The United States and North Korea reportedly agreed in principle on the need to discuss a peace treaty in a four-nation setting with South Korea and China.
The mutual understanding was reached during U.S. special envoy Stephen Bosworth`s visit to Pyongyang last week, according to Yonhap News.
Bosworth and North Korean Vice Foreign Minister Kang Sok-ju agreed that the four nations should start negotiating a peace treaty to replace the 1953 armistice after the six-party talks on the North`s denuclearization resume, a South Korean government official was quoted as saying.
"North Korea proposed to discuss the peace regime under a four-nation negotiation framework instead of the U.S.-DPRK bilateral format, and the United States agreed."
This reconfirms the joint communique announced in October 2000 by the United States and North Korea after special envoy Jo Myong-rok met with then-U.S. President Bill Clinton in Washington.
"The two sides agreed there are a variety of available means, including Four Party talks, to reduce tension on the Korean Peninsula and formally end the Korean War by replacing the 1953 Armistice Agreement with permanent peace arrangements," the 2000 joint communique reads.
A six-party agreement signed on Sept. 19, 2005 also notes that "the directly related parties will negotiate a permanent peace regime on the Korean Peninsula at an appropriate separate forum."
Bosworth said at a press conference in Seoul upon returning from Pyongyang last Thursday that all six countries have acknowledged that the armistice will eventually have to be replaced by a peace treaty.
"So once we have been able to reconvene six-party talks and have begun to gain significant traction on the issue of denuclearization, I expect we will all be prepared to discuss the evolution or negotiation of a peace regime for the peninsula," he said.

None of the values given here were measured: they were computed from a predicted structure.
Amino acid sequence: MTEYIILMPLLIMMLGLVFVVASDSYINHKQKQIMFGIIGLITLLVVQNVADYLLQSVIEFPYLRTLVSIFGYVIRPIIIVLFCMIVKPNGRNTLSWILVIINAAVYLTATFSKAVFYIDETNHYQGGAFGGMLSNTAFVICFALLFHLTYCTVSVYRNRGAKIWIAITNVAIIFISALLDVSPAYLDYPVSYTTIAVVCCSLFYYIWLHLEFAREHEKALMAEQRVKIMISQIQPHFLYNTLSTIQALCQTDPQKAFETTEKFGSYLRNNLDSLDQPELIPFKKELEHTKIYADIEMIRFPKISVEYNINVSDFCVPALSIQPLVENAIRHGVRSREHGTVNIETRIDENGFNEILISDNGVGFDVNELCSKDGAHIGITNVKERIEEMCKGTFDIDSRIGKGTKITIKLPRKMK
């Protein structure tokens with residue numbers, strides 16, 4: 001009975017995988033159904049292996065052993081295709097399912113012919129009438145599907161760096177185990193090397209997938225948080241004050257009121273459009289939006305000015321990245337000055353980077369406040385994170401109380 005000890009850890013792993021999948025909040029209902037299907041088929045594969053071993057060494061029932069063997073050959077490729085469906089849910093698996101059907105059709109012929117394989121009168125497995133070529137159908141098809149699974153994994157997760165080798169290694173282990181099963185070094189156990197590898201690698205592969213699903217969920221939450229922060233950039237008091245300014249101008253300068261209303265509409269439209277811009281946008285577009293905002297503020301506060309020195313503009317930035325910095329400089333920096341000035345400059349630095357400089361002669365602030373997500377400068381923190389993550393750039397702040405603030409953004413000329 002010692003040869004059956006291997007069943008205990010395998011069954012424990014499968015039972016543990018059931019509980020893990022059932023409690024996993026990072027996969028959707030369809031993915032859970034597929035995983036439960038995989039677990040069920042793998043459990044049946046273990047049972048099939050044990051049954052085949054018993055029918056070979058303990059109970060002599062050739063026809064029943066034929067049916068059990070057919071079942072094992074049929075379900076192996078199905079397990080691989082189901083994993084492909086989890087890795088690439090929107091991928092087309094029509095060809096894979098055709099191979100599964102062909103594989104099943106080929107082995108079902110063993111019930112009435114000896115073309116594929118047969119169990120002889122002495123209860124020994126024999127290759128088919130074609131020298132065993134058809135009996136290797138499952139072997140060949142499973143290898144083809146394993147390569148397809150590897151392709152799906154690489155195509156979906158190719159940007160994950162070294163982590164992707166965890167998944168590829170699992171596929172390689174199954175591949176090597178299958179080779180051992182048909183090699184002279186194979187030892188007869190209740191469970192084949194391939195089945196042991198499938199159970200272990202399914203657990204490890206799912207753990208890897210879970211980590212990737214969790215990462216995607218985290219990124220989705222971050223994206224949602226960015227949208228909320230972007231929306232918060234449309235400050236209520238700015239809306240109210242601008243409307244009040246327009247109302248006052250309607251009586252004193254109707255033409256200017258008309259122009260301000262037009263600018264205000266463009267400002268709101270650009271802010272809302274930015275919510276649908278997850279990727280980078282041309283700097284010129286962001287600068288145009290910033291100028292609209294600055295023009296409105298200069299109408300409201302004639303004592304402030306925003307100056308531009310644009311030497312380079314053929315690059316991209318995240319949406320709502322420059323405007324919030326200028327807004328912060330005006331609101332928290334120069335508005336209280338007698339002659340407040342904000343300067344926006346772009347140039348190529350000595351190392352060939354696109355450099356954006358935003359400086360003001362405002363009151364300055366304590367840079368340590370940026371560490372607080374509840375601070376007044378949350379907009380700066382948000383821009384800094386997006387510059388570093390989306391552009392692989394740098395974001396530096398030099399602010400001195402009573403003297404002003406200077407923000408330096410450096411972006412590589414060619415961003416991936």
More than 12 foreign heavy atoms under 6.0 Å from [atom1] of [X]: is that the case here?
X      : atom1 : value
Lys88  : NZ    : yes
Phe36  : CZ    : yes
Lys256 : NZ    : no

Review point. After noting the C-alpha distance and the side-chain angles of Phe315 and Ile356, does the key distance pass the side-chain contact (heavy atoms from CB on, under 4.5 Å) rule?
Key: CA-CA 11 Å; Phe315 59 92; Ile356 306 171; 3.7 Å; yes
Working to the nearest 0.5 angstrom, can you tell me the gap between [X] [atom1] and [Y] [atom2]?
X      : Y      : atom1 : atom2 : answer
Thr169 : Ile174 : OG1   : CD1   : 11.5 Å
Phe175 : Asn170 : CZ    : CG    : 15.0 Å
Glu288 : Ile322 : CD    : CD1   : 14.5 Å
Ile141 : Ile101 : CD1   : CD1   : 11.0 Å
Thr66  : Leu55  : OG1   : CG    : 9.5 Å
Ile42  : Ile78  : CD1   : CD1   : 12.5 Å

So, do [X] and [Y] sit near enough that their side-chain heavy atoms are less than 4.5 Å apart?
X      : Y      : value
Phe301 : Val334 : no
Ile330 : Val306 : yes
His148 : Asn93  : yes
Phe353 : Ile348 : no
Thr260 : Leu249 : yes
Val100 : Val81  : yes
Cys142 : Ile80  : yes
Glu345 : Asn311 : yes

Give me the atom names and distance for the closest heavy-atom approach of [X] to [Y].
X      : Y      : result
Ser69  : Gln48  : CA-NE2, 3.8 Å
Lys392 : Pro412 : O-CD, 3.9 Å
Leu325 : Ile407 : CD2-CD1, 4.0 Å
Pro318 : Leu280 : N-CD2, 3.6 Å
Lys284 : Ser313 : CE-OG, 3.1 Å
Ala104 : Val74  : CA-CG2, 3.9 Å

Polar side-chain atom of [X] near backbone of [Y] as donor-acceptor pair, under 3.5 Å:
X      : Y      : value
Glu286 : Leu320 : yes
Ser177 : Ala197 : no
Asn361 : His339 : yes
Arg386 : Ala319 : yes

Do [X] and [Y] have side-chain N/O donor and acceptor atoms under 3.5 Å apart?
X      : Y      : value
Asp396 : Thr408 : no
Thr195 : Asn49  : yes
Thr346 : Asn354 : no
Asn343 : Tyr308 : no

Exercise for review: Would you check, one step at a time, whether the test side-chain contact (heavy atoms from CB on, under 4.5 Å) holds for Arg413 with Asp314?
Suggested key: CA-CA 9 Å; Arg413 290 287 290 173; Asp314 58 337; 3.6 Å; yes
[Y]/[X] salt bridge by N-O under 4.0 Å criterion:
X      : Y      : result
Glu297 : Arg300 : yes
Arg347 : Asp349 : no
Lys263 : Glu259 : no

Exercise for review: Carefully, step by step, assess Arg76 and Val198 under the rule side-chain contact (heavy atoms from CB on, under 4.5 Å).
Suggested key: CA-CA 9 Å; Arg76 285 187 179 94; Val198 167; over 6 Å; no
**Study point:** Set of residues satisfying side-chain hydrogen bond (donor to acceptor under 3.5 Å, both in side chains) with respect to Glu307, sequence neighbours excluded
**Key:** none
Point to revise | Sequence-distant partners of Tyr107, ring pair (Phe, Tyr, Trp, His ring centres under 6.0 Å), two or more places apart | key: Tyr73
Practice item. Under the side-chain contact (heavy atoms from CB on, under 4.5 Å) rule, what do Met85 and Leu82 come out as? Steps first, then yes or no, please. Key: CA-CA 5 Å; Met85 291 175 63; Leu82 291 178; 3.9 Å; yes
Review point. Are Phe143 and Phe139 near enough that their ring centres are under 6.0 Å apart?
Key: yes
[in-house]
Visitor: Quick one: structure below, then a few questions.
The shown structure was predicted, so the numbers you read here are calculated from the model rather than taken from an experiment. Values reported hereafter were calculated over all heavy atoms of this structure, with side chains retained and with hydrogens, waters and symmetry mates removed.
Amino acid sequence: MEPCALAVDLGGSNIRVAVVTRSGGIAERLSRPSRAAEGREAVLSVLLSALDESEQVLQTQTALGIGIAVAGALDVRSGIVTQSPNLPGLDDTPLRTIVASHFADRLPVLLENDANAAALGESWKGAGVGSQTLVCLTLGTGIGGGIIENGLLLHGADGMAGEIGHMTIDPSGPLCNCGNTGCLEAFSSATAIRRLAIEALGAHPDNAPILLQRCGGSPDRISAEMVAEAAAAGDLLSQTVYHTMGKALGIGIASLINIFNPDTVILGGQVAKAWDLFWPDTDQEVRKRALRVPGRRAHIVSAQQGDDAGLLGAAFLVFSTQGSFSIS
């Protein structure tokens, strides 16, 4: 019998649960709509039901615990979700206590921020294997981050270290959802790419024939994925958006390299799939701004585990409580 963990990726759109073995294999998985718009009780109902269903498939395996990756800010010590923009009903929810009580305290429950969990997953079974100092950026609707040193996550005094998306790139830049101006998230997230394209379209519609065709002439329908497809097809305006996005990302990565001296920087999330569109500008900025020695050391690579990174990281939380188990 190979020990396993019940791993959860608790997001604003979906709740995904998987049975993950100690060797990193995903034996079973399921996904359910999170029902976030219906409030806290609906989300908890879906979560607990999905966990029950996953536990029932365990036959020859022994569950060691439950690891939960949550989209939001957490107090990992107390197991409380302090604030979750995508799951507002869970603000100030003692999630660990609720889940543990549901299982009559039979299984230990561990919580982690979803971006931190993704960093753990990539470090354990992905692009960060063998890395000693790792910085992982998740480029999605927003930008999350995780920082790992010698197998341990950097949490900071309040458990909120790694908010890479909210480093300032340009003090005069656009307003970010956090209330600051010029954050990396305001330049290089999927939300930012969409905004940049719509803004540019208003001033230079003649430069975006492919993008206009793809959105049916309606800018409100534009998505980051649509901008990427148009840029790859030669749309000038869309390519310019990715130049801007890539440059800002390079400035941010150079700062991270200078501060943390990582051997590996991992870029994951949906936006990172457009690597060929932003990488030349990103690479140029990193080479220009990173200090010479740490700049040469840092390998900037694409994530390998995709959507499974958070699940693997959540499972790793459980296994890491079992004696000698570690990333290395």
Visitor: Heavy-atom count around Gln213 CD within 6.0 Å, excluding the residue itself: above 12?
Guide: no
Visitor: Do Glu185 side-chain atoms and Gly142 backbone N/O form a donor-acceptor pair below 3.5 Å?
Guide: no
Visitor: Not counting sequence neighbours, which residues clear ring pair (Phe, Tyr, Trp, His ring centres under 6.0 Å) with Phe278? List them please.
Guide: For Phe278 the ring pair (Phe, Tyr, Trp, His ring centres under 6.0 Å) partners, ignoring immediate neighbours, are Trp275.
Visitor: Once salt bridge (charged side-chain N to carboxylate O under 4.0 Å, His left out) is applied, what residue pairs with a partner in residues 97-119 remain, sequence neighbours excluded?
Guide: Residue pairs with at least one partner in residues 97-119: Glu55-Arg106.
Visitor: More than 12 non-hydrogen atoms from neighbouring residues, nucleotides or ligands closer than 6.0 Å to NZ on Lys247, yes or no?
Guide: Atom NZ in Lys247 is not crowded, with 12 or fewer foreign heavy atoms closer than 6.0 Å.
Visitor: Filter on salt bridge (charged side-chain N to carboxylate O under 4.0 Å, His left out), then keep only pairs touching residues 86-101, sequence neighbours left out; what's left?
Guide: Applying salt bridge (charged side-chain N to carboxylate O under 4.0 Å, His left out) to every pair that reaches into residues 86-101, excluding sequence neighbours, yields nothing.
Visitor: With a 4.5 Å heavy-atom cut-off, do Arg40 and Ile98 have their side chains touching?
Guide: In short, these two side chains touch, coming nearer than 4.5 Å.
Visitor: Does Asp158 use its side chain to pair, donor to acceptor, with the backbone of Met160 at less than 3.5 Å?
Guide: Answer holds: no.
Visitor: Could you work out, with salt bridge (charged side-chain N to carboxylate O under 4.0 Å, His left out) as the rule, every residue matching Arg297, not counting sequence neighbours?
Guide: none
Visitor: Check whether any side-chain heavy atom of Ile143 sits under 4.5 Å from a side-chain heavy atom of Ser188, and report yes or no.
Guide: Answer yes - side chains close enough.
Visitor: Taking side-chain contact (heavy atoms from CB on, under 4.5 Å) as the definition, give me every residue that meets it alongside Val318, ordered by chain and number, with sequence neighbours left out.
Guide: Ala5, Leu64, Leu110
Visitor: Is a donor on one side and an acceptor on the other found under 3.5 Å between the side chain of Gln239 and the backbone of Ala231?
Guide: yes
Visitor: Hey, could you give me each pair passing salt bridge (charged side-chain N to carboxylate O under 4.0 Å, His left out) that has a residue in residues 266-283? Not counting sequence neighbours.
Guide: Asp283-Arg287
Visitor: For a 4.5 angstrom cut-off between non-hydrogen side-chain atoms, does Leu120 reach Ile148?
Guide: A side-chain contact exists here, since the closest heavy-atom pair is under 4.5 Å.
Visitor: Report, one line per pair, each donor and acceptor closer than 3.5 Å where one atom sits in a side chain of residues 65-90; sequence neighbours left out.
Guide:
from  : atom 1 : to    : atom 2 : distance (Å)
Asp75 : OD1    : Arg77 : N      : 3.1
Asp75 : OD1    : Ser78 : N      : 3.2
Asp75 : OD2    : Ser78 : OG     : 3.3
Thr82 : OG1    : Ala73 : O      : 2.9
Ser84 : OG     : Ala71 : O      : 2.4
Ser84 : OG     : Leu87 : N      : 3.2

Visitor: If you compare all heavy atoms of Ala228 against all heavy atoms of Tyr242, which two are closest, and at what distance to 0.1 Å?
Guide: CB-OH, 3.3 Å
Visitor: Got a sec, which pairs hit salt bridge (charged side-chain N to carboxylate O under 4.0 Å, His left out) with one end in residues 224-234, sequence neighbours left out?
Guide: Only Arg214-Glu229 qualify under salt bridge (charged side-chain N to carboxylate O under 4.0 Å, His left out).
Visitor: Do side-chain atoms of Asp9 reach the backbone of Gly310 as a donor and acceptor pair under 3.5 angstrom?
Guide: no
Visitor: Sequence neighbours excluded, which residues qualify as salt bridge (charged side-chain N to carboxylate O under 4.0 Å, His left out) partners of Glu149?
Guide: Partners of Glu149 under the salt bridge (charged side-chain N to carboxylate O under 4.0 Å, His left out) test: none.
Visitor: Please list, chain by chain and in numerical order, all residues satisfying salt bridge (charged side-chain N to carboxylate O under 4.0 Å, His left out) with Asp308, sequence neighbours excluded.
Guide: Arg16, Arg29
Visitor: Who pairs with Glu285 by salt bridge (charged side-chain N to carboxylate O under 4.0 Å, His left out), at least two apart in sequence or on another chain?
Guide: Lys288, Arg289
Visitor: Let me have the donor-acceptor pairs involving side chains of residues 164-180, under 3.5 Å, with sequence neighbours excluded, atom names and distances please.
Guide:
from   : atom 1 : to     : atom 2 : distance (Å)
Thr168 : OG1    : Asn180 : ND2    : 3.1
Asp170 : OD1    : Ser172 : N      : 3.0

Another understanding the two countries shared during Bosworth`s visit was to proceed with the North`s denuclearization based on the six-party agreement signed on Sept. 19, 2005.
Bosworth said the United States and North Korea have no plans for follow-up talks on resolving the nuclear stalemate.
"We have not talked about the possibility of another bilateral meeting," Bosworth told reporters in Beijing after briefing Chinese officials on his trip to Pyongyang.
Bosworth said North Korea agreed on the need to restart six-party talks, but did not set a date.
"How and when we resume the six-party talks remains to be resolved," he said.
In Tokyo, his next stop later Saturday, Bosworth told Japan`s foreign minister that North Korea showed a "forward-looking" stance to resuming dialogue with Tokyo.
Bosworth told Katsuya Okada that during his meetings in Pyongyang he raised Tokyo`s demand for the release of all Japanese citizens kidnapped by North Korean agents during the Cold War era, but that Pyongyang stopped short of providing proposals for conditions on resuming talks.
The U.S. special representative for North Korea policy met with Kang and top nuclear envoy Kim Kye-gwan last week for the first official talks between Washington and Pyongyang since Barack Obama took office in January.
By Kim So-hyun